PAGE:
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The Truth About Ishigaki

The Truth About Ishigaki

The first time I flew to Ishigaki, it was over a thick quilt of clouds that extended at least as far as the horizon. Inbound from Osaka-Kansai last Friday, a similar sort of blanket swaddled the earth below.

Back in 2018 the darkness never dissipated, not even for a second. In 2021, a more terrible year by most every other measure, they parted on both sides of the plane as it was landing, as if the Boeing jet was Moses and the kumori were the Red Sea.

Not long after, I was heading north through the emerald jungle and along the cerulean coastline. Or at least I was trying to: The asshole in front of me was obeying the speed limit—these are always comically low in Japan—and wearing a mask, inside his own car by himself, to boot.

This—the paranoia of most Japanese, and their misunderstanding of basic infectious disease science—consumed at least as much of my energy as the beauty of the sea and the sky it blended with at the horizon. In spite of gale-forced sea breezes at Tamatorizaki Observation Deck and Hirakubozaki Lighthouse, literally every person I passed had their faces covered, as if coronavirus particles were lurking in every molecule of air in Okinawa.

The great news, once I ticked these attractions of my bucket list, was that I was soon completely alone, on the road (which, for all I knew, led to nowhere) and on the island. Ishigaki seemed utterly deserted for much of the hour it took me to drive to Kabira Bay, which was anything but.

Not surprisingly, there were signs urging visitors to the beach to mask; thankfully, I didn’t have to explain my non-compliance to any of my fellow beachgoers, who were wise enough not to impose their strange religion on me.

This was merciful: Given how cold it had been the last time I was here—I’m talking freezing, literally 0°C—I deserved a peaceful afternoon at what might very well be the most beautiful beach in Japan.

I was blissful, and I was thankful: My decision to arrive earlier than planned had paid dividends. Due to the extent that trees blocked out the sun as it set to the west, shadows would’ve ruined all my photos had I stuck to my schedule.

 
 
 

It was just as well that I checked into my hotel, the same one where I’d stayed three years earlier, several hours before I imagined I would. The sticky, sickly heat had made itself felt on my skin and in my lungs slowly, to the extent that I only realized how much it had zapped me as I sipped craft cocktails in the lobby.

The hotel only cost ¥7,500 per night—was I hallucinating the upscale bar area?

When I woke Saturday I assumed, based on the pitch darkness outside, that I had done so hours before my usual five o’clock. In fact, I had underestimated the effect my newfound southerly, westerly coordinates had had on the parameters of the day.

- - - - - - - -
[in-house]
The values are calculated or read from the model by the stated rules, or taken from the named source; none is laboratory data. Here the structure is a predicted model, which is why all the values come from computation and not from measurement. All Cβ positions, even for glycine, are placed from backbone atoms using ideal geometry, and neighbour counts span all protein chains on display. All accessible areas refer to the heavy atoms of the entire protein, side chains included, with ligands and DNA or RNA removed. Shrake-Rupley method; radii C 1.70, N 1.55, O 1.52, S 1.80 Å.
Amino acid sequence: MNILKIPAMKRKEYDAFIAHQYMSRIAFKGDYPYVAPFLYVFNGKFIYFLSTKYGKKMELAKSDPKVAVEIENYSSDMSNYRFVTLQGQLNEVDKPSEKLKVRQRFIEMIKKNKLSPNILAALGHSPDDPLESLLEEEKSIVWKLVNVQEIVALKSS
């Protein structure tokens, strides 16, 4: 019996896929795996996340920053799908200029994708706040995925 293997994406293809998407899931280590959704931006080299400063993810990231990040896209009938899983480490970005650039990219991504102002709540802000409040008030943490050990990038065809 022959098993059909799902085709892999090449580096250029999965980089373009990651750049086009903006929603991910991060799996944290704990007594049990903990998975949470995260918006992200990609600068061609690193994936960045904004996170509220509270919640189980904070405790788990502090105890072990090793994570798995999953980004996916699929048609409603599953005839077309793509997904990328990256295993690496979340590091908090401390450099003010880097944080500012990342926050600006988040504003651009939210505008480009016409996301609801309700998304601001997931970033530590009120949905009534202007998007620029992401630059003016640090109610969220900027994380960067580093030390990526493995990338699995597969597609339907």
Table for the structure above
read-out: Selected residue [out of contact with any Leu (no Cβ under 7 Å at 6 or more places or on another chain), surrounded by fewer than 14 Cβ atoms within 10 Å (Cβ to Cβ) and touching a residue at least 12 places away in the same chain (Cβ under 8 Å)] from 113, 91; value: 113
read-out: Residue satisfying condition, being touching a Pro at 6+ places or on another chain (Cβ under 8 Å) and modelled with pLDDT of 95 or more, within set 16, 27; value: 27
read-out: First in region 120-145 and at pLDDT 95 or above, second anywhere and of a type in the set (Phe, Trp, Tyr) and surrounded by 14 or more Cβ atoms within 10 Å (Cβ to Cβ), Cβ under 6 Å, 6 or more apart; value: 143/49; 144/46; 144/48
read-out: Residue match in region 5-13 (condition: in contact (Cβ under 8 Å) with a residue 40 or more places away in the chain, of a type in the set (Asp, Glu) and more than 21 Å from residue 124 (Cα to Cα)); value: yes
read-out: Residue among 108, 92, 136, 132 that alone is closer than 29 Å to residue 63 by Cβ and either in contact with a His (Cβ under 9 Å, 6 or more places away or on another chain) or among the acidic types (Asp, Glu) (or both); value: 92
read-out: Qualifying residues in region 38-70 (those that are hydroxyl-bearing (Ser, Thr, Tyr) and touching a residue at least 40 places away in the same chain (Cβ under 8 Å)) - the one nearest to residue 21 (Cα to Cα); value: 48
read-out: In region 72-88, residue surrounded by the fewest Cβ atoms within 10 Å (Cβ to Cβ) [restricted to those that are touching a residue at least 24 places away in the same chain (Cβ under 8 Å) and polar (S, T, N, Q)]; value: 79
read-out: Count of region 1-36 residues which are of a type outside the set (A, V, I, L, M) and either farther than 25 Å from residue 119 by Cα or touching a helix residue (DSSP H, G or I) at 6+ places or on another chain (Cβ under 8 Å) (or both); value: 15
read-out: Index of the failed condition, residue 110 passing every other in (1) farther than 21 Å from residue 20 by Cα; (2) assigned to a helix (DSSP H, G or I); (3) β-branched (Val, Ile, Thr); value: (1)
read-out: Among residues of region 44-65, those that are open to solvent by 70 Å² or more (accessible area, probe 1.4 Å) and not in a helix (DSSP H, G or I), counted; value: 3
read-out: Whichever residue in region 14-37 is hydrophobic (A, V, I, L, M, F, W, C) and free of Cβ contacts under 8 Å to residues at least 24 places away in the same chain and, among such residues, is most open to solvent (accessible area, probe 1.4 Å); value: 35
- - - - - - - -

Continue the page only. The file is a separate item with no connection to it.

The good news? The sun was up in earnest by the time I arrived on Taketomi, where organ music befitting of a baseball game blared out when clocks in the deserted town struck eight, although I imagine all its residents had long since woken up.

The bad news? Although the weather was self-evidently better than it had been in 2018, the scenery largely underwhelmed.

This was true of both the west coast’s Kondoi Beach, whose water seemed less mesmerizingly colored now than it had three years ago, in spite of the clouds, and back east at Kitochi Beach, where plastic mostly outnumbered the advertised coral, even if traversing the creatures’ skeletal remains did evoke the sound of walking on wind chimes.

That, and the fact that I didn’t see a single soul during my entire last hour on the island, at least not until I arrived back at the port. It was as if I was the last man on Earth, or at least this sun-splashed segment of it.

 
 
 

As the sped back toward Ishigaki-ko, I pondered what the end of this adventure would mean. I’d be headed back to class the next day for the first time after Golden Week, an event horizon that would begin the proverbial home stretch of my short expatriation in Japan.

The last time I’d come to Okinawa, from Taiwan in September 2019, my trip had heralded a recession of freedom—first in my personal life, as a result of an on-again, off again relationship with a narcissistic fuckboy; and then in the world at large, with the export of SARS-CoV-2 (and then China’s authoritarian way of dealing with it) from Wuhan.

With trepidation and despair but also hope, I wondered: Could this sojourn have catalyzed the dawn an opposite reality, a freer future? The reflection of the nearing port in the glittering sea surface helped me visualize my daydream: In an instant, I knew what a mirror image of this paradigm would look like.

Now, I just have to see if the tables turn—and if the masks come off.

 

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